4 complete response rates in patients treated with cladribine and Rituxan and to examine the effectiveness of Rituxan in eradicating minimal residual disease (MRD) after cladribine therapy. Studies are also examining the effect of adding Rituxan to cladribine on long-term, disease-free and overall-survival status (compared to historical data for patients who have received cladribine alone). l Vemurafenib (Zelboraf ). Recent data have shown that almost all patients with HCL have BRAF mutations. Vemurafenib, given by mouth and approved by the FDA for the treatment of melanoma, targets BRAF and is now being used in clinical trials in patients with relapsed and refractory HCL. Long-Term Follow-Up Periodic medical examinations for patients in complete remission are important. Some patients will relapse and successful retreatment is possible. Identifying relapses early may reduce infections. Patients with HCL may have increased risk of developing second cancers compared to age- and sex-matched comparison groups. Earlier diagnosis of a second cancer may be possible with surveillance. Acknowledgement LLS gratefully acknowledges Susan O Brien, MD Ashbel Smith Professor, Department of Leukemia Division of Cancer Medicine MD Anderson Cancer Center Houston, TX for her review of Hairy Cell Leukemia Facts and her important contributions to the material presented in this publication. We re Here to Help LLS is the world s largest voluntary health organization dedicated to funding blood cancer research, education and patient services. LLS has chapters throughout the country and in Canada. To find the chapter nearest you, enter your ZIP code into Find Your Chapter at or contact The Leukemia & Lymphoma Society 1311 Mamaroneck Avenue White Plains, NY Information Specialists: (800) Callers may speak directly with an Information Specialist Monday through Friday, from 9 a.m. to 6 p.m. ET. You may also contact an Information Specialist between 10 a.m. and 5 p.m. ET by clicking on Live Chat at or by sending an to Information Specialists can answer general questions about diagnosis and treatment options, offer guidance and support and assist with clinical-trial searches for leukemia, lymphoma, myeloma, myelodysplastic syndromes and myeloproliferative neoplasms. The LLS website has information about how to find a clinical trial, including a link to our free online clinical-trial search service at LLS also provides free publications that can be ordered via the (800) number or through the Free Education Materials option at Resources Hairy Cell Leukemia Consortium (212) The Hairy Cell Leukemia Consortium was launched in 2008 to advance our understanding of HCL, and to enable patients, and those who care for them, increased access to state-of-the-art clinical expertise and therapies. The Consortium seeks to discover new knowledge for improving the treatment and management of HCL. The website includes a list of centers of excellence and access to publications from experts. Information for Veterans (800) Veterans with certain blood cancer diagnoses, including HCL, who were exposed to Agent Orange while serving in Vietnam may be able to get help from the United States Department of Veterans Affairs. Information for World Trade Center Survivors (888) People who were involved in the aftermath of the attacks of Sept. 11, 2001, may be eligible for help from the World Trade Center Health Program. These include: responders, workers and volunteers who helped with rescue, recovery and cleanup at the World Trade Center and related sites in New York City; survivors who were in the New York City disaster area, lived, worked or were in school in the area; and responders to the Pentagon and the Shanksville, PA crash who have been diagnosed with a blood cancer. FS16 Hairy Cell Leukemia Facts I page 4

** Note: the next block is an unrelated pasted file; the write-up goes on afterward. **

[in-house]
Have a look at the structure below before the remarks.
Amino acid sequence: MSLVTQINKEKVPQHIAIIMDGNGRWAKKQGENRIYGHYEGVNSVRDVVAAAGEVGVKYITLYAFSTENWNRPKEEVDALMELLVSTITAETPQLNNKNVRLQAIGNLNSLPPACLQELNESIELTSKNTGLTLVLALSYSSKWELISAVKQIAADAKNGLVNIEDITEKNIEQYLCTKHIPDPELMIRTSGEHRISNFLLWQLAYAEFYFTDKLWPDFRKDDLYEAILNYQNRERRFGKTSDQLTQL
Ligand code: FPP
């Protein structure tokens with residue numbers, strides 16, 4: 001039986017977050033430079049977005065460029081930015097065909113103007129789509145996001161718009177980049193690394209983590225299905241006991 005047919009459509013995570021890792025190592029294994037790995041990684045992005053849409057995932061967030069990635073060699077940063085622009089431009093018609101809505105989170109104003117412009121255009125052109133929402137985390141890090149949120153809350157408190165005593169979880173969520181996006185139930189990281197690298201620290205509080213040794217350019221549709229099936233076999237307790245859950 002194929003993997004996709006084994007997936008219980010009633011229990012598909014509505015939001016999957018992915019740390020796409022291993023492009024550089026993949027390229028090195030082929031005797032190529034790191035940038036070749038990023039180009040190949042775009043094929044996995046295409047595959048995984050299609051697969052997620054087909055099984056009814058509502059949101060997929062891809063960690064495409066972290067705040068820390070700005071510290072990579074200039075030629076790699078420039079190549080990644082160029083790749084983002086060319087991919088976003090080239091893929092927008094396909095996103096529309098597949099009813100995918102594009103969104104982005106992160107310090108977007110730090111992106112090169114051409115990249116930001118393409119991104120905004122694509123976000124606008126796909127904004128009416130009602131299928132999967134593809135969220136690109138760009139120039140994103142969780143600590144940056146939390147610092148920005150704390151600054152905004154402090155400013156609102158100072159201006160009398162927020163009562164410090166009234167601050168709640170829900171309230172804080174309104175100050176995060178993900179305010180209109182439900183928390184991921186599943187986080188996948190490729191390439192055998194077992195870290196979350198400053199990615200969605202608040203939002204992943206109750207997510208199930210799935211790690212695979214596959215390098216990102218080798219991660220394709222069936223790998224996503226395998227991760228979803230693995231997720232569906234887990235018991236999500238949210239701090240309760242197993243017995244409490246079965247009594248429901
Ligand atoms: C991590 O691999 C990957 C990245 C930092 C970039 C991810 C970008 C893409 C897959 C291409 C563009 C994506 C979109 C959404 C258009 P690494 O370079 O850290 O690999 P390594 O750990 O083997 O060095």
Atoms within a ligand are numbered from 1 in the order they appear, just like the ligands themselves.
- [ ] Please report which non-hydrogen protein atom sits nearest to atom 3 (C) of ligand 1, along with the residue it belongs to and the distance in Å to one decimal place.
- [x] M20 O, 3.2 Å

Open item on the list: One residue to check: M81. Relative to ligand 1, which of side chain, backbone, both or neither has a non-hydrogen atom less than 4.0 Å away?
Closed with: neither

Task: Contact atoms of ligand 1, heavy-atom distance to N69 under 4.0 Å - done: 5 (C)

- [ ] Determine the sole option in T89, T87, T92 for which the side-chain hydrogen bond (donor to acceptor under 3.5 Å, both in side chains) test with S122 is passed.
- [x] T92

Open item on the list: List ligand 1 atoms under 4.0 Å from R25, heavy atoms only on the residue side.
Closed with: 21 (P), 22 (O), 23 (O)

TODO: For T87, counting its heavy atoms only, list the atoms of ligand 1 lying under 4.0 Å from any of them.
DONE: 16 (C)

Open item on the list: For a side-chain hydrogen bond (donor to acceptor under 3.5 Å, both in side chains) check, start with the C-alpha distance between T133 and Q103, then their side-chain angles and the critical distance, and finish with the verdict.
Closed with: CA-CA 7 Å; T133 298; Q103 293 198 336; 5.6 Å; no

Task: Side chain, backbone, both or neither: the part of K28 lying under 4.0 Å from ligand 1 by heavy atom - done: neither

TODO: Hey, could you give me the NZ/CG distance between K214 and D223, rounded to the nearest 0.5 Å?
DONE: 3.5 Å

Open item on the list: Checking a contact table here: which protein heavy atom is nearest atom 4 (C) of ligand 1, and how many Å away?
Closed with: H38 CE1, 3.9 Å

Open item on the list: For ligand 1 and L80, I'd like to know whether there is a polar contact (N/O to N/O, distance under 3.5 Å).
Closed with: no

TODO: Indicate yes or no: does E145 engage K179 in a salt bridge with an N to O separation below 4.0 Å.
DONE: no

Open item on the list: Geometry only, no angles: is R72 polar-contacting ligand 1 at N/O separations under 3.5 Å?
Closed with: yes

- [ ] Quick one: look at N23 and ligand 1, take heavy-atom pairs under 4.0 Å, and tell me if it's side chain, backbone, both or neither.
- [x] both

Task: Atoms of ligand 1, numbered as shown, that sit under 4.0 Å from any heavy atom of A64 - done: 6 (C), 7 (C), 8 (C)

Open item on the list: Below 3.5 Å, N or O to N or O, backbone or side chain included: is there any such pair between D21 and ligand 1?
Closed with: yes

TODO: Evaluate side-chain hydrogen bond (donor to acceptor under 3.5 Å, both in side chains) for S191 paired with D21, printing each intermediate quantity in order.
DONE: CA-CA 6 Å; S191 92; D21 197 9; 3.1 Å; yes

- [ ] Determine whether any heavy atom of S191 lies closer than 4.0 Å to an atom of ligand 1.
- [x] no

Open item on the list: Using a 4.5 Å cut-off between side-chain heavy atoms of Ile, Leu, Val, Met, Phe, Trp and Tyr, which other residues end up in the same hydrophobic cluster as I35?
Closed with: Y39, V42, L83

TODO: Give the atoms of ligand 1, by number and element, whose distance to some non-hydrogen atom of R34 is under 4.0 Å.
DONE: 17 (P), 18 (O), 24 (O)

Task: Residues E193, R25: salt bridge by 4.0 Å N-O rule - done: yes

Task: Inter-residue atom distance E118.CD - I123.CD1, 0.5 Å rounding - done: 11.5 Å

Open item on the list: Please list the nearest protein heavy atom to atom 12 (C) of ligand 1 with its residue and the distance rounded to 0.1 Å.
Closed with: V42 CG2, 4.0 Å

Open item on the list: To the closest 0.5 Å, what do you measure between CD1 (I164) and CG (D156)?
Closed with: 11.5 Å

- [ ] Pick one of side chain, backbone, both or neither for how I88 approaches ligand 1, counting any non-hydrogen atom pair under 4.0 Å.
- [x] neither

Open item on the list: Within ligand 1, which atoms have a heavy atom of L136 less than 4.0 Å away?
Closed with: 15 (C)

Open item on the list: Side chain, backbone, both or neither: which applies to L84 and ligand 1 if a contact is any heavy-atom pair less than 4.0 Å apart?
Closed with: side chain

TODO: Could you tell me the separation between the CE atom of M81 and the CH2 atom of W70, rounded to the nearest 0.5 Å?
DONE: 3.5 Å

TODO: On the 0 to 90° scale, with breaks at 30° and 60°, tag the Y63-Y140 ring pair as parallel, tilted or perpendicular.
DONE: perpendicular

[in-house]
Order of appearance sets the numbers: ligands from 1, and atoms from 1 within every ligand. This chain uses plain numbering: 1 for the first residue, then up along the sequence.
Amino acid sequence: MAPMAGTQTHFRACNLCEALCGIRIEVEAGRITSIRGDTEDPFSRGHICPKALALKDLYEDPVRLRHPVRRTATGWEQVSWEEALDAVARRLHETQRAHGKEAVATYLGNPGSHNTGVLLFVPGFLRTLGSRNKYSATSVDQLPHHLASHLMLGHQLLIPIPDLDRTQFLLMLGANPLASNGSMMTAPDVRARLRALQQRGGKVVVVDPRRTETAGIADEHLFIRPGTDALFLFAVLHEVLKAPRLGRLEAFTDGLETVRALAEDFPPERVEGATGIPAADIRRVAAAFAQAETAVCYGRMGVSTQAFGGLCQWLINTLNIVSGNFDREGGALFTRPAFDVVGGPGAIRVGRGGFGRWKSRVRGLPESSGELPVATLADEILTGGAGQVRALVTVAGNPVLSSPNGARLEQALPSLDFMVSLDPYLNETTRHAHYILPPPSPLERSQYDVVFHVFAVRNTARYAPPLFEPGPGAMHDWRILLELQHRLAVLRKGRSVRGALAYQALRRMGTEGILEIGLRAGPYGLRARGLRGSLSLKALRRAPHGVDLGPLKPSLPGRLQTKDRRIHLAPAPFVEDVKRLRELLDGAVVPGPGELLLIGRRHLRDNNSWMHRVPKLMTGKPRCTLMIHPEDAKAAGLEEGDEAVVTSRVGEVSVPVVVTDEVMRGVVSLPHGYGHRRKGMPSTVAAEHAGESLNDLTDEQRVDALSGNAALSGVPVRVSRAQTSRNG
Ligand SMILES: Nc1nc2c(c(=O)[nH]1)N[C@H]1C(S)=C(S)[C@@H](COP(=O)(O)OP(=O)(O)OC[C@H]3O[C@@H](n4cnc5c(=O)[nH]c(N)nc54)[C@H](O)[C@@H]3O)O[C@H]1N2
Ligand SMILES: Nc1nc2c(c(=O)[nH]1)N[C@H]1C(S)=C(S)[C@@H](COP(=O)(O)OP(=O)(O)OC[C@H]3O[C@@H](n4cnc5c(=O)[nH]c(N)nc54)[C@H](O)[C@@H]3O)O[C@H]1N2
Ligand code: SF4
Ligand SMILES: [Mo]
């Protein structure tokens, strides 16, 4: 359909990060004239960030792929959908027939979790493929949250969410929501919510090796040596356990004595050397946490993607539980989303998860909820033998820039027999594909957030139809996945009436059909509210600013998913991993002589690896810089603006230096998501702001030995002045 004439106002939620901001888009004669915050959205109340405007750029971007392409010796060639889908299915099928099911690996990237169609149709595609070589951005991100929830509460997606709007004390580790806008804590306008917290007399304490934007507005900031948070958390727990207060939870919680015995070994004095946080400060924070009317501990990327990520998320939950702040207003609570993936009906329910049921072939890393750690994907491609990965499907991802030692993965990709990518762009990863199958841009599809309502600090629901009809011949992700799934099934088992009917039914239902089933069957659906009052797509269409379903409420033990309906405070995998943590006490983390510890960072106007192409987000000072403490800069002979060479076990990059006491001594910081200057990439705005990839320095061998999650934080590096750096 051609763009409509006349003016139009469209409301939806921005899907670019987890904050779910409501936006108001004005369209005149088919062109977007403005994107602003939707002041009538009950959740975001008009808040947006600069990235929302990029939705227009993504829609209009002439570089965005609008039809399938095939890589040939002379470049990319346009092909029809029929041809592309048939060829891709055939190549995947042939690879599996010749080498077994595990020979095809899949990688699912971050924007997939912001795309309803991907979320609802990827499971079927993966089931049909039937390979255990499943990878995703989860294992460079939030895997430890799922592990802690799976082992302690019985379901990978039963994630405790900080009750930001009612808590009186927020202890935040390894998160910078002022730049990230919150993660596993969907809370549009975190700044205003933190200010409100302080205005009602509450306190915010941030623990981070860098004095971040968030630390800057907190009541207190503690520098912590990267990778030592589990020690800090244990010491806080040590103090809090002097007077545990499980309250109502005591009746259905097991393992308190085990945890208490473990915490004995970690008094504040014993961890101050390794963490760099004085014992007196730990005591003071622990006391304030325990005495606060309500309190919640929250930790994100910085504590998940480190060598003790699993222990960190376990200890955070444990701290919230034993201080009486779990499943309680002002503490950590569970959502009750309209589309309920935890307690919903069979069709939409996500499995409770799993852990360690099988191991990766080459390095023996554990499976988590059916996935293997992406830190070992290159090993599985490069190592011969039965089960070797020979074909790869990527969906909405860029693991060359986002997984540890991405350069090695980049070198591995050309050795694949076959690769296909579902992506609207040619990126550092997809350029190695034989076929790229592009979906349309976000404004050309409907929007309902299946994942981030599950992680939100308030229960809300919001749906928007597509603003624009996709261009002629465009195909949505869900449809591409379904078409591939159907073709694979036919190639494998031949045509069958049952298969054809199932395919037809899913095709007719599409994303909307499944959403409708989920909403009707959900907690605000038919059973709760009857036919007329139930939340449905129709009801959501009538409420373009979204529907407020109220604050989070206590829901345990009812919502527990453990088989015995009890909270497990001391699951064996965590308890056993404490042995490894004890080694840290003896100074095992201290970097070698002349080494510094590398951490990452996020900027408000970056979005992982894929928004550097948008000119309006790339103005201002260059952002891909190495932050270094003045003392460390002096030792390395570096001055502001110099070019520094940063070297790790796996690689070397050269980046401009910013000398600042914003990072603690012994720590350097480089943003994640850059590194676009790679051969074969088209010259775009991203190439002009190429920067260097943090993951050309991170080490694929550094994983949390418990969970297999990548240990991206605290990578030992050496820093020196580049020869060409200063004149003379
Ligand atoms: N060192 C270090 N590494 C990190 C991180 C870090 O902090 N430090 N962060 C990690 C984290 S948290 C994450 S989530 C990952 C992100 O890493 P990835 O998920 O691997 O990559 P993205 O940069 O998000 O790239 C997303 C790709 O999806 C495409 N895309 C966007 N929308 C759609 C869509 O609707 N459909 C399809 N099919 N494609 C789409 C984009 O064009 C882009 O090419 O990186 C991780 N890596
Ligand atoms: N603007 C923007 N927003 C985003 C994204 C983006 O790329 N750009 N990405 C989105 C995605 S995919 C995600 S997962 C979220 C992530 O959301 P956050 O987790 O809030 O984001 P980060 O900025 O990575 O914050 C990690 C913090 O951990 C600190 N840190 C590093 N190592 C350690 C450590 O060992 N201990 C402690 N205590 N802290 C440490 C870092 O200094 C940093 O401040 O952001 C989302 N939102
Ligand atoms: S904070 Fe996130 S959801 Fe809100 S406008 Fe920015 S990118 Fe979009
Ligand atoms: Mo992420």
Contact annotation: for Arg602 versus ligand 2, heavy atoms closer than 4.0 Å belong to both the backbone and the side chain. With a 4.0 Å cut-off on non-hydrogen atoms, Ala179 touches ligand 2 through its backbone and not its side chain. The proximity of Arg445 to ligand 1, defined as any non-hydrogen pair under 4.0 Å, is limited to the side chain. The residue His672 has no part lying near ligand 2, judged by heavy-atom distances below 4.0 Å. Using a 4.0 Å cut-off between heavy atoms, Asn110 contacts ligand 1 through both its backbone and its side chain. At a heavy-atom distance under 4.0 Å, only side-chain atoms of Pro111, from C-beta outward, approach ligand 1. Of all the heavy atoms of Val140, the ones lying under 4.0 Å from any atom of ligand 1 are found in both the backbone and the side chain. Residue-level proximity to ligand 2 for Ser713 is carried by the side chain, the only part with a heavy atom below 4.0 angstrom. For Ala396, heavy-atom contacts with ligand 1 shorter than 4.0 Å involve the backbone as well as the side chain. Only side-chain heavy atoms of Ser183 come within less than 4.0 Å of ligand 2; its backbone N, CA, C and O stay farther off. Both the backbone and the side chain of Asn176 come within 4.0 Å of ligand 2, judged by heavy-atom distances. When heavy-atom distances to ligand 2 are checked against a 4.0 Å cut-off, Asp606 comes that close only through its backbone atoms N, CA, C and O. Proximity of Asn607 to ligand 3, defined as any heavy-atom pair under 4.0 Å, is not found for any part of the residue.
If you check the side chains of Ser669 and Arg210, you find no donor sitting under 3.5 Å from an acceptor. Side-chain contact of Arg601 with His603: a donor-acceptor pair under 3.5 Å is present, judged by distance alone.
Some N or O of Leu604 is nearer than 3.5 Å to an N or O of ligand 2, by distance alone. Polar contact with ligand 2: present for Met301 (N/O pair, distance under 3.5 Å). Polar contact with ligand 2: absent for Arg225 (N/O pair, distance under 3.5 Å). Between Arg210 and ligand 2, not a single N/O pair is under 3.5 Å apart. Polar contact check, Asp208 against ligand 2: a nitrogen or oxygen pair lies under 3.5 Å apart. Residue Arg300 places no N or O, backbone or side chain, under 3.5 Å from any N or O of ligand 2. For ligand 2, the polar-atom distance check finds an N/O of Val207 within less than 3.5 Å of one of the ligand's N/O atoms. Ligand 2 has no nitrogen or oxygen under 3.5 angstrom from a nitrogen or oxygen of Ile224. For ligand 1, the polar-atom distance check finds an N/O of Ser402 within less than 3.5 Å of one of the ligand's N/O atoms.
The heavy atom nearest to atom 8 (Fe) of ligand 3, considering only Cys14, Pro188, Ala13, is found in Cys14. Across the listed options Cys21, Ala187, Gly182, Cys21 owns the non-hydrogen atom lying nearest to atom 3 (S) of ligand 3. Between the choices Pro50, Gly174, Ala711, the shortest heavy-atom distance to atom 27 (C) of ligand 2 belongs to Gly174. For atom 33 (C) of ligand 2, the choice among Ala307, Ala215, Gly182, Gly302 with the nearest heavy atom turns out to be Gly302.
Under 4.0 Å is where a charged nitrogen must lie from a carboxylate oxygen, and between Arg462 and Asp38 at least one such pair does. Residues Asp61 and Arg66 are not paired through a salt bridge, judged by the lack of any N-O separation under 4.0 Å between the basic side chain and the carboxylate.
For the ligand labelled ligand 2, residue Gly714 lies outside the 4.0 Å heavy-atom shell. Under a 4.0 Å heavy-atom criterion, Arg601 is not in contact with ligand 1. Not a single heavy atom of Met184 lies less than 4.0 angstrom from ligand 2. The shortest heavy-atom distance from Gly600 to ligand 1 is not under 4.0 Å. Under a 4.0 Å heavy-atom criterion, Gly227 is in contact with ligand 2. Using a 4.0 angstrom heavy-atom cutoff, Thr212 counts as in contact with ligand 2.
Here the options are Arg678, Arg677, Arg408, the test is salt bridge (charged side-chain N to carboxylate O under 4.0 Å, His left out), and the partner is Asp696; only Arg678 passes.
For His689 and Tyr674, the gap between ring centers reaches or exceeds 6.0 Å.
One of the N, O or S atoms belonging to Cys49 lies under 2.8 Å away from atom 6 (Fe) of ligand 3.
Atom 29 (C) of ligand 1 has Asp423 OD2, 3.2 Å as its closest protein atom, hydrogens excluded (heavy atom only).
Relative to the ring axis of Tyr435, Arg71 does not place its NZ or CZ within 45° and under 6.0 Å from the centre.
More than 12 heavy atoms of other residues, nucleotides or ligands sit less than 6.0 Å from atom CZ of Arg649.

5 References Arcaini L, Zibellini S, Boveri E, et al. The BRAF V600E mutation in hairy cell leukemia and other mature B-cell neoplasms. Blood. 2012; 119(1): Besa EC. Hairy cell leukemia. Medscape Reference. Accessed July 20, Kreitman RJ. Immunoconjugates and new molecular targets in hairy cell leukemia. American Society of Hematology Education Program. 2012;2012: Naik R, Saven A. My treatment approach to hairy cell leukemia. Mayo Clinic Proceedings. 2012;87(1): National Cancer Institute PDQ Hairy Cell Leukemia Treatment. Bethesda, MD: National Cancer Institute. Date last modified July 16, Accessed July 20, Sigal D, Saven A. Hairy cell leukemia. Lichtman MA, Kipps TJ, Seligsohn U, et al, eds. In:Williams Hematology, 8e. AccessMedicine. resourcetoc.aspx?resourceid=69. Accessed July 10, Hairy Cell Leukemia Facts This publication is designed to provide accurate and authoritative information in regard to the subject matter covered. It is distributed as a public service by The Leukemia & Lymphoma Society (LLS), with the understanding that LLS is not engaged in rendering medical or other professional services. FS16 Hairy Cell Leukemia Facts I page 5